Apr 30, 2020

Weaving lace the hard way

Back at Handarbetes Vänner, I had experimented with creating a frame out of lace weave. The goal was to test knotted pile and get a piece that didn't need extra finishing, and it turned out pretty good! At the end of 2019, I decided to take the idea further, by layering more frames inside each other. The result was a similar design but with complex emergent patterns: this article will specifically discuss the process that lead to the final draft.

A small piece of fabric with a lace frame and a fluffy center. A placemat with a red lace weave border, with a plate, fork and knife on it.

Let's first cover the basics: lace weaves are an entire family of structures derived from plain weave, that add some floats to create openings in fabric. Those holes might not be very visible while weaving, and only appear in finishing. In Swedish, the most basic lace weave is called "stramalj". The typical stramalj has alternating floats in the warp and the weft, which creates a lovely tiling of crosses in the draft.

Swedish-style draft for basic lace, showing red and white crosses touching at the edges in the fabric.

Since this design was going to have areas of either plain weave or lace, I started sketching in black and white, with black lines representing the lace areas. I only used vertical and horizontal lines, because that was going to translate to a woven structure more easily. What emerged was simple shapes: lines, grids, rectangles in rectangles. I then moved to the computer.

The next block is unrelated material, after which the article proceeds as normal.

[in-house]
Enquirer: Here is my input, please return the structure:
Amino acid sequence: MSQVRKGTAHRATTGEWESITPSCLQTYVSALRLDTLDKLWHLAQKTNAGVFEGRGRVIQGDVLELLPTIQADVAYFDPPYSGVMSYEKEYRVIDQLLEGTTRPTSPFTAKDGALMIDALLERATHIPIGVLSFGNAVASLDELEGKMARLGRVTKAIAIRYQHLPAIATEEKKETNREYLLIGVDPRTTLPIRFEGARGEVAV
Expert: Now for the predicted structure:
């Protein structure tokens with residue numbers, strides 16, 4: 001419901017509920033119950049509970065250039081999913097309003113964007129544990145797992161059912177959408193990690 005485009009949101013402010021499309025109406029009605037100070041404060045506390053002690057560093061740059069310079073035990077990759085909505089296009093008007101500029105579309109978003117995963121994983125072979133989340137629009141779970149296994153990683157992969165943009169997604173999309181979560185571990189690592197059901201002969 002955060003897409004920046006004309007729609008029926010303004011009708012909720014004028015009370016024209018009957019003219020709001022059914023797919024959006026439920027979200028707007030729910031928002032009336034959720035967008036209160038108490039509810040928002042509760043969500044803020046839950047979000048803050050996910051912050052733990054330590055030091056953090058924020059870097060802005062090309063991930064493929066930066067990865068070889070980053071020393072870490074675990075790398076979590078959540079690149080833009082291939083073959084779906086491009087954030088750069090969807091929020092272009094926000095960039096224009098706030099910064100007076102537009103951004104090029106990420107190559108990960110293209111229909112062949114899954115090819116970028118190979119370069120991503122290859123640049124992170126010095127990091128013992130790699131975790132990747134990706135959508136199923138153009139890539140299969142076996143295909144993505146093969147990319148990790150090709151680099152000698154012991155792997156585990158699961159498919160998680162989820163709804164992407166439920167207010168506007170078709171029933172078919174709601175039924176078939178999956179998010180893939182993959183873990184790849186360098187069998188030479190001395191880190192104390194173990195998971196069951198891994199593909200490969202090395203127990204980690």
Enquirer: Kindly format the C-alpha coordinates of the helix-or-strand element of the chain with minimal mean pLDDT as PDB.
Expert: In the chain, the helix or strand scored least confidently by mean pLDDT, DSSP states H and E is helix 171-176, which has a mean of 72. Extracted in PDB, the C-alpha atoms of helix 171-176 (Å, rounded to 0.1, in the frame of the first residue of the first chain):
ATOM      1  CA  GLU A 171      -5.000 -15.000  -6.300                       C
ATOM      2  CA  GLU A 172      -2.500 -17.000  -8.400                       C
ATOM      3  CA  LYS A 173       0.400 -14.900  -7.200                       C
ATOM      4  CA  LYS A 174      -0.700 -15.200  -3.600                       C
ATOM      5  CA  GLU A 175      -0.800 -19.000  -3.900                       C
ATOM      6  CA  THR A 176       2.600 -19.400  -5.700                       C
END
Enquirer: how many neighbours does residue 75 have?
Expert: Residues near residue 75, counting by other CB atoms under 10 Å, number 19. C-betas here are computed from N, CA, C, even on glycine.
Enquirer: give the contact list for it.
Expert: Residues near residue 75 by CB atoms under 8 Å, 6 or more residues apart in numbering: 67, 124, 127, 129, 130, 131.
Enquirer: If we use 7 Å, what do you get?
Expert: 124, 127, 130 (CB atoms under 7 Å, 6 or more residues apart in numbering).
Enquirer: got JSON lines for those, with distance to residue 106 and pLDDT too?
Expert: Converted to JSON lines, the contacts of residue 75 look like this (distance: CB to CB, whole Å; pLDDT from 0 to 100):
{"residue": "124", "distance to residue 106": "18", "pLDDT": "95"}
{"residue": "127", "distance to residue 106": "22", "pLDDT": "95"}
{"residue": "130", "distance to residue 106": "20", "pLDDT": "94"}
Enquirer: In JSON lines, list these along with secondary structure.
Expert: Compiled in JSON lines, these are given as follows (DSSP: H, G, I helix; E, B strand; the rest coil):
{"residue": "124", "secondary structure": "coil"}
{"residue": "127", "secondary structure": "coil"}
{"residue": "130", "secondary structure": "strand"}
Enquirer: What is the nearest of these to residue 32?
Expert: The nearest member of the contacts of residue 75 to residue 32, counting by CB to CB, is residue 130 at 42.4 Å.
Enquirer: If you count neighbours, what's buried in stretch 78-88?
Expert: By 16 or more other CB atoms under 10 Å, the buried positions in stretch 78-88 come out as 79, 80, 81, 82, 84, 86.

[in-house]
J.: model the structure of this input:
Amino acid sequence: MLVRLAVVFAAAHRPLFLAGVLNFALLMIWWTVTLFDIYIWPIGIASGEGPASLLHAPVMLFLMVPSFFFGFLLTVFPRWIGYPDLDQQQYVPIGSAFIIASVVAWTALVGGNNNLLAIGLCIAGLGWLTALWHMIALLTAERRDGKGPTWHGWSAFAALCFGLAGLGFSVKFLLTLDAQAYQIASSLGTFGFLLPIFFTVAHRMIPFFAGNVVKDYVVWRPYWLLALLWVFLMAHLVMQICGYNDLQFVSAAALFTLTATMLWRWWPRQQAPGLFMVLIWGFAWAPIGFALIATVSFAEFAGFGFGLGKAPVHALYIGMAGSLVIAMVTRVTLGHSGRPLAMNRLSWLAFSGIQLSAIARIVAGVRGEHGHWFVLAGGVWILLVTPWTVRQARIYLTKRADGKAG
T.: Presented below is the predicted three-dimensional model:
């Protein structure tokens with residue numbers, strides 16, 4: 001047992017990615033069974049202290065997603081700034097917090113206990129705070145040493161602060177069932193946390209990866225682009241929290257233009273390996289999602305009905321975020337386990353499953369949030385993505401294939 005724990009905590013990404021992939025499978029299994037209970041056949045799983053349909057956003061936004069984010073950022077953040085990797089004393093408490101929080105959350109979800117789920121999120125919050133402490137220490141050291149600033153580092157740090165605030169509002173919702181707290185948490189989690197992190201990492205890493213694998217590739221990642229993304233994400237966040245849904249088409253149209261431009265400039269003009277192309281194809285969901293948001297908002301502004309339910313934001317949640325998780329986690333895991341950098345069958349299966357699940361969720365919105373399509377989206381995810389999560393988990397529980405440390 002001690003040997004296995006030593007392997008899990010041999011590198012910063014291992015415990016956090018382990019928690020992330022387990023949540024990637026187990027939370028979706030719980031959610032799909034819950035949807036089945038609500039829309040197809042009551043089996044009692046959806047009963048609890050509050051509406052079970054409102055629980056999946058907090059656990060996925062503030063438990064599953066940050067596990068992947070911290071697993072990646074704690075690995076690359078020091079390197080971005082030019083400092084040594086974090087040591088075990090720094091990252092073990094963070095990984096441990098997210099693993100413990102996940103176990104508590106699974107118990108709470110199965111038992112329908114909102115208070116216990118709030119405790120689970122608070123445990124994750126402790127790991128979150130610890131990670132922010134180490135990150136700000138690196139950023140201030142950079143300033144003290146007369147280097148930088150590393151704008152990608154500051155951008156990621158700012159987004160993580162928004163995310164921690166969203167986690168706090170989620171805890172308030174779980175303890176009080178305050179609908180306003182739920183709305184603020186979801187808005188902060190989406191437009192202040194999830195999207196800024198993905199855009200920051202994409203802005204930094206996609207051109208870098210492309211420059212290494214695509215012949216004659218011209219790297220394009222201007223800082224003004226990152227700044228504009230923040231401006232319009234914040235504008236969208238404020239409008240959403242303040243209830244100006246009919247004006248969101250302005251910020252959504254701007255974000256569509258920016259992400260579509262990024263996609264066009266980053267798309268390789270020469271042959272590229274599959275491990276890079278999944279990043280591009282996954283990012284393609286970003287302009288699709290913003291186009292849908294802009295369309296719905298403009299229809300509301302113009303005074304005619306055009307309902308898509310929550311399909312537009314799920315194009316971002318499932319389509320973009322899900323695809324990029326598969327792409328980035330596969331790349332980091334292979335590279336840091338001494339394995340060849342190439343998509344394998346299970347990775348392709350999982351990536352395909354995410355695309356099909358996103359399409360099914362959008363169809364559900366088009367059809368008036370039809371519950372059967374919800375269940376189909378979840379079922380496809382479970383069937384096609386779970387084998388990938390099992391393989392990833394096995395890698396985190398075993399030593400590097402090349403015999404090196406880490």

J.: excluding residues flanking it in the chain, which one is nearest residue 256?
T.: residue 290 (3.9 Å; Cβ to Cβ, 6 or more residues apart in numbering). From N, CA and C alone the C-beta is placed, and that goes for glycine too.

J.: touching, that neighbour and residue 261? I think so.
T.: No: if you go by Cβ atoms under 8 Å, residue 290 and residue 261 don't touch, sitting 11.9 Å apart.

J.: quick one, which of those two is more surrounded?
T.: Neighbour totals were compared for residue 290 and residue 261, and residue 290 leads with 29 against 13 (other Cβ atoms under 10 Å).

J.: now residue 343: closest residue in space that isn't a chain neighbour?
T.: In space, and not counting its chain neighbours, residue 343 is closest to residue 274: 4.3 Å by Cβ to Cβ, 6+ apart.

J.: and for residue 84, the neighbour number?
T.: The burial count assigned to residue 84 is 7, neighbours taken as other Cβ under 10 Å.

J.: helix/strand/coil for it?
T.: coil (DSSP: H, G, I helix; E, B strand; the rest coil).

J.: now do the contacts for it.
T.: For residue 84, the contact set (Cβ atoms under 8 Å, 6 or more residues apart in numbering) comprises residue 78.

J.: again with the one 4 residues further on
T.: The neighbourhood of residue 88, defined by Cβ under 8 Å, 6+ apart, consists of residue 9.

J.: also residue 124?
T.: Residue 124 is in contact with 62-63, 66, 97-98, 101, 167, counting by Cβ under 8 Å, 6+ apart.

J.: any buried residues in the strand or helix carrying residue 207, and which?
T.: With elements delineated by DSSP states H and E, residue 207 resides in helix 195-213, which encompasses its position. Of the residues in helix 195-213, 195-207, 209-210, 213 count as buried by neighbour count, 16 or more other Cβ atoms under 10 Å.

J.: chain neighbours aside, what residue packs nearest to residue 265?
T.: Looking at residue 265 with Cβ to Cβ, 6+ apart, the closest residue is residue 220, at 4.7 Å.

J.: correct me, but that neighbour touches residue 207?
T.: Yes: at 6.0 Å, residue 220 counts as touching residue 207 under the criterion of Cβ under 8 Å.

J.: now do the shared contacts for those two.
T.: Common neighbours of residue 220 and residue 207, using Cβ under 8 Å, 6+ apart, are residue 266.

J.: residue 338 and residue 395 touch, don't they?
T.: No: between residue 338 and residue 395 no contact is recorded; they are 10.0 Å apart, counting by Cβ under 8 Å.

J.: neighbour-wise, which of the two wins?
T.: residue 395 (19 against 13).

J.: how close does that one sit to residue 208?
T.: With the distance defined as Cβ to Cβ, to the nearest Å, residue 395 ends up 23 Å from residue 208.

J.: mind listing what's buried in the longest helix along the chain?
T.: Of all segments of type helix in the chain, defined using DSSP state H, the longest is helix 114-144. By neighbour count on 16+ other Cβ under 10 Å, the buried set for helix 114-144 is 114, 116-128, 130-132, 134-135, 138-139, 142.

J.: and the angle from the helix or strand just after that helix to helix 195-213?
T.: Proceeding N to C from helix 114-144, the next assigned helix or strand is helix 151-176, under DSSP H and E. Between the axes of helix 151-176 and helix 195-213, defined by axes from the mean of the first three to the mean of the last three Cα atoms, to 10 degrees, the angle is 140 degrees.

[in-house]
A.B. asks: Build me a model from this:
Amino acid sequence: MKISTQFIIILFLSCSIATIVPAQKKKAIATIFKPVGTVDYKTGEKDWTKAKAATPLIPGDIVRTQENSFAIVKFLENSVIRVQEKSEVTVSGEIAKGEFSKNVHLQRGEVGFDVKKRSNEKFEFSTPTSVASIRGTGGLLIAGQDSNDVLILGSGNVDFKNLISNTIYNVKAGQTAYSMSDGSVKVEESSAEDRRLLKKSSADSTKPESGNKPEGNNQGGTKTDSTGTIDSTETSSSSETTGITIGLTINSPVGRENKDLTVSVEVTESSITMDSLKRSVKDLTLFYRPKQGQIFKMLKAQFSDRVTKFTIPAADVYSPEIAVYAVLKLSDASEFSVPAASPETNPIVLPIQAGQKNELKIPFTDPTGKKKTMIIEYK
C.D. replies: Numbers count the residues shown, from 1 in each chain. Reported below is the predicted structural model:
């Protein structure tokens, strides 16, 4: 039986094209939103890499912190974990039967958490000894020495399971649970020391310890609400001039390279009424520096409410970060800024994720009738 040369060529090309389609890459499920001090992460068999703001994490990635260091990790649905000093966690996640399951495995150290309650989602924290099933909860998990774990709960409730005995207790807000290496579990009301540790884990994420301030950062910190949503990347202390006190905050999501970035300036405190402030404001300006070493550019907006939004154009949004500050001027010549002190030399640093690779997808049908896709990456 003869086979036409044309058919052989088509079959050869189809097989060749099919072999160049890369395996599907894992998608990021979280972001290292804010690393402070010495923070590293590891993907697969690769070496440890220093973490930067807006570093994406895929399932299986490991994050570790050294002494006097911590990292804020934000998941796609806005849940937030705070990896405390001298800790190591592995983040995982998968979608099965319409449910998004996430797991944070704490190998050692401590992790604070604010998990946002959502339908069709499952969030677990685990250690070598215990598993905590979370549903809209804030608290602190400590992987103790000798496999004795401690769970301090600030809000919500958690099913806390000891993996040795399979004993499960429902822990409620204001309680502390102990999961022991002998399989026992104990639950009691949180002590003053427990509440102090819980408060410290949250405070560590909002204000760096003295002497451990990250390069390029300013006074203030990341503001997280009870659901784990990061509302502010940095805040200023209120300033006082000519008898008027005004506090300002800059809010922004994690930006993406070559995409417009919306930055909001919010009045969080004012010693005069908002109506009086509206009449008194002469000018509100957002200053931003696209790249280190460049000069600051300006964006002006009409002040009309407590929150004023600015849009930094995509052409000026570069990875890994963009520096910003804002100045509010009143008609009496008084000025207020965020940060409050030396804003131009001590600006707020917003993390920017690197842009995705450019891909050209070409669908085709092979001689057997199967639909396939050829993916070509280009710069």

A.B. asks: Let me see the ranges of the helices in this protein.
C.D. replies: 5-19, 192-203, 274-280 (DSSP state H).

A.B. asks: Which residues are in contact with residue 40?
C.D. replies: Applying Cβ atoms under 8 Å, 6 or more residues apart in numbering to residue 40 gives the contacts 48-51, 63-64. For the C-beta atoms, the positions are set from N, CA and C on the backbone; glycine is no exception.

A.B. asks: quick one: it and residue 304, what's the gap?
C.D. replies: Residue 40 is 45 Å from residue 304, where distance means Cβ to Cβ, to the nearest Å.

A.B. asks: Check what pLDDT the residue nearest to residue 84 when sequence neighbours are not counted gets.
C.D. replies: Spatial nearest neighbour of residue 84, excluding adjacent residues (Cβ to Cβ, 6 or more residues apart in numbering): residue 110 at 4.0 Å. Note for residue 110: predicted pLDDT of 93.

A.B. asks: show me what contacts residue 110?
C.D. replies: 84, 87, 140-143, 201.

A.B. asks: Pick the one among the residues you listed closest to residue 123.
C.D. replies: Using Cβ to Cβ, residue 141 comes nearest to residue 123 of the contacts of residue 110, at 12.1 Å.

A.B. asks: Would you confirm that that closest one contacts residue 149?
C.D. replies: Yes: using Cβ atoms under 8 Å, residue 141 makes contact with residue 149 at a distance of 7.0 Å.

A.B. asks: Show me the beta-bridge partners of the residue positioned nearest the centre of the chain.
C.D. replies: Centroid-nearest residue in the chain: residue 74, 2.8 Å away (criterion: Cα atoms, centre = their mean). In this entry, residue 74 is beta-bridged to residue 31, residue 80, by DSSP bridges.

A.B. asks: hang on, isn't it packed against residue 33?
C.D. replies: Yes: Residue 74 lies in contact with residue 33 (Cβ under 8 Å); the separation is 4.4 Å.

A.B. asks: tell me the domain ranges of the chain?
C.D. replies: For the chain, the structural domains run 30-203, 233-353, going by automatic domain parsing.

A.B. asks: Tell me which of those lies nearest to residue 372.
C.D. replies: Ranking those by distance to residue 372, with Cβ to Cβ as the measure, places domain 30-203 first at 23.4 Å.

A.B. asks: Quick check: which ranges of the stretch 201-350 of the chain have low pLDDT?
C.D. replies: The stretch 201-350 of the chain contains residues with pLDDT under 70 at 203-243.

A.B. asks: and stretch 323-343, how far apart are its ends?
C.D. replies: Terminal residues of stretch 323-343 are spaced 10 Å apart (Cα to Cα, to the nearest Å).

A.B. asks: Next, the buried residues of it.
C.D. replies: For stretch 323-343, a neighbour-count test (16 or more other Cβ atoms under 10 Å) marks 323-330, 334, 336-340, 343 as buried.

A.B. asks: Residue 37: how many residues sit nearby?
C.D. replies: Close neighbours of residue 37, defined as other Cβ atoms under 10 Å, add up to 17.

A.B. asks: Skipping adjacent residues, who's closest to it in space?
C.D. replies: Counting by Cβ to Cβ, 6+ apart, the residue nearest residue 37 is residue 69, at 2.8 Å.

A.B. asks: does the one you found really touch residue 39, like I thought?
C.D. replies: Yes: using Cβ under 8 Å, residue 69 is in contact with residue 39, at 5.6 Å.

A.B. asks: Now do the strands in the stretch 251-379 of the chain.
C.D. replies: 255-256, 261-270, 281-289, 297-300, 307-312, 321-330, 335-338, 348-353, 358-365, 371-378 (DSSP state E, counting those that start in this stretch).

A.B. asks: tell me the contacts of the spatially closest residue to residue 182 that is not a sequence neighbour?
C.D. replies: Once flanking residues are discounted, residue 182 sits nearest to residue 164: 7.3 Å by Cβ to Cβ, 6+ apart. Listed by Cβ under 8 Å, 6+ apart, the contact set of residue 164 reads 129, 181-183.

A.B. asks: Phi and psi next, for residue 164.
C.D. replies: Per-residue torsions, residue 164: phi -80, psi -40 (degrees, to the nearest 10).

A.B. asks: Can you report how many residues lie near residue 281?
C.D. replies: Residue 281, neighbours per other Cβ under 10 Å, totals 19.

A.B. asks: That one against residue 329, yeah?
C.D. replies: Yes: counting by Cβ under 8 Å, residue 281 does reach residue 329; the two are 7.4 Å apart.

The digital sketches are where I decide scale. I typically work at a very low resolution, and each pixel represents several threads: working at that scale makes it easier to see the proportions the finished piece could have. In this case, a 2x2 pixels block ended up representing a block with 5 lace crosses in it.

I kept doodling, and realized that a grid of dots could provide great variation. I could leave the dots separated, or connect them into horizontal lines, or create vertical lines. This worked out to five building blocks:

  • Plain weave only (hems);
  • Lace over the entire width except for the outer edges (lace border);
  • Lace borders, internal plain weave;
  • Lace borders, internal dots;
  • Lace borders, internal line.
Geometrical sketches in ink on gridded paper. One looks like Bomberman's head and is labeled NO. Dotgrid digital sketches in black and white, showing various combinations of lines and dots.

The next step is to move to weaving software: I use WeavePoint, specifically the Mini version. That's where I lay out the exact structure and what every thread does. In this case, it's also where I figured out how the structure was actually going to work!